Paul Manafort found guilty of eight counts in fraud trial
The jury deliberated for four days before announcing the verdict at the federal courthouse in Alexandria, Virginia.
Paul Manafort, the political operative who for months led Donald Trump’s winning presidential campaign, has been found guilty of eight financial crimes.
It is the first trial victory of the special counsel investigation into the president’s associates. A judge declared a mistrial on 10 other counts the jury could not agree on.
The verdict was part a stunning one-two punch of bad news for the White House, coming as the president’s former lawyer, Michael Cohen, was pleading guilty in New York as part of a separate deal with prosecutors.
The jury returned the decision after deliberating four days on the charges of tax evasion and bank fraud against the former Trump campaign chairman.
The outcome almost certainly guarantees years of prison for Manafort and established the ability of special counsel Robert Mueller’s team to persuade a jury of average citizens despite months of partisan attacks — including from President Trump — on the investigation’s integrity.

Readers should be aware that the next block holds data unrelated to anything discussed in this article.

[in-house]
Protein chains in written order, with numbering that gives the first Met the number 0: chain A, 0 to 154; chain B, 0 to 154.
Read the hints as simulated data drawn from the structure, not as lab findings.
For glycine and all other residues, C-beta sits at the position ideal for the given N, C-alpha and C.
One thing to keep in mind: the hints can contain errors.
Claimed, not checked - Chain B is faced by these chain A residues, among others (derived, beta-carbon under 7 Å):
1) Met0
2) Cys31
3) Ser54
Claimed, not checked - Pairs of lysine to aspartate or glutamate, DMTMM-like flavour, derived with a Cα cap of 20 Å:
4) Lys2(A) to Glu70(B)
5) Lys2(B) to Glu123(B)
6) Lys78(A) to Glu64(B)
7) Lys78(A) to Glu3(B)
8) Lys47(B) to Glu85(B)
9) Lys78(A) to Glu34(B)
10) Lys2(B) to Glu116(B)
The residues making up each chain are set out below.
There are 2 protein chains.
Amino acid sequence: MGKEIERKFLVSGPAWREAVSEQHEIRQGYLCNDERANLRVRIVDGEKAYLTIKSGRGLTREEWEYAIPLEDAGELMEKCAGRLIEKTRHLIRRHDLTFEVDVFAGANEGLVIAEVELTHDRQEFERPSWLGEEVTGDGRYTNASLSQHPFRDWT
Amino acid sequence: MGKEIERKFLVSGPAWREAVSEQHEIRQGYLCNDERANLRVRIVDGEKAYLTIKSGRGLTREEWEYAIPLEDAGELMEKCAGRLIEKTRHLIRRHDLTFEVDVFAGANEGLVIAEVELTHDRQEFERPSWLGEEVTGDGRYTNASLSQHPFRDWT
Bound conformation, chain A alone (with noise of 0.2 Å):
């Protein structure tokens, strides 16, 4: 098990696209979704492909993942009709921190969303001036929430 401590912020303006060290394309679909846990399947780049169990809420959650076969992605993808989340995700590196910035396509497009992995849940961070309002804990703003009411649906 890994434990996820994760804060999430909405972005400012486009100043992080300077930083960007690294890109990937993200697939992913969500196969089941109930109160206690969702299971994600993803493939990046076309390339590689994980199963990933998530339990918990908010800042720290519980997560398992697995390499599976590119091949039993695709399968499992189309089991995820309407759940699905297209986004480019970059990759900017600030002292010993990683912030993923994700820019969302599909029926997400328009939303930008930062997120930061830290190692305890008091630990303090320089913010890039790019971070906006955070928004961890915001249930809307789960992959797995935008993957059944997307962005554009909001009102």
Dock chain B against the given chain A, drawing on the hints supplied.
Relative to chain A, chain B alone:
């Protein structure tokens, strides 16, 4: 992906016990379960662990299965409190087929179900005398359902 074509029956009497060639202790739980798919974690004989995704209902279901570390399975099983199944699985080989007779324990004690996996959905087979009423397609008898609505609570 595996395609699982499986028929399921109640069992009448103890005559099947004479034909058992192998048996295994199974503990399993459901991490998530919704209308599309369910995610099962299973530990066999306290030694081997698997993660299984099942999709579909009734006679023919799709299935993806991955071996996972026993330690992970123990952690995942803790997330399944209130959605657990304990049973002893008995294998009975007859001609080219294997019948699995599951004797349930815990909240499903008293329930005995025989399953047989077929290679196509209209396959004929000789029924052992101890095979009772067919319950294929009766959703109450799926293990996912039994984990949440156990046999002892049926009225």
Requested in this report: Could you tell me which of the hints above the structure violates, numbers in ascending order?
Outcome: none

The verdict raised immediate questions of whether the president would seek to pardon Manafort, the lone American charged by Mr Mueller to opt for trial instead of cooperate.
The president has not revealed his thinking but spoke sympathetically throughout the trial of his onetime aide, at one point suggesting he had been treated worse than gangster Al Capone.
Looking back on history, who was treated worse, Alfonse Capone, legendary mob boss, killer and “Public Enemy Number One,” or Paul Manafort, political operative & Reagan/Dole darling, now serving solitary confinement - although convicted of nothing? Where is the Russian Collusion?— Donald J. Trump (@realDonaldTrump) August 1, 2018
The more-than-two-week trial, presided over by US District Judge TS Ellis III, has captured President Trump’s attention as he works to undermine Mr Mueller’s investigation through a constant Twitter barrage and increasingly antagonistic statements from his lawyer-spokesman, Rudy Giuliani.
But President Trump and his campaign were only a small part of Manafort’s trial, as jurors instead heard days of testimony about Manafort’s finances and what prosecutors say was a years-long tax-evasion and fraud scheme.
Manafort decided not to put on any witnesses or testify himself in the trial. His lawyers said he made the decision because he did not believe the government had met its burden of proof.
President Trump later said that the Manafort conviction “has nothing to do with Russian collusion”, and brand the move “a disgrace”.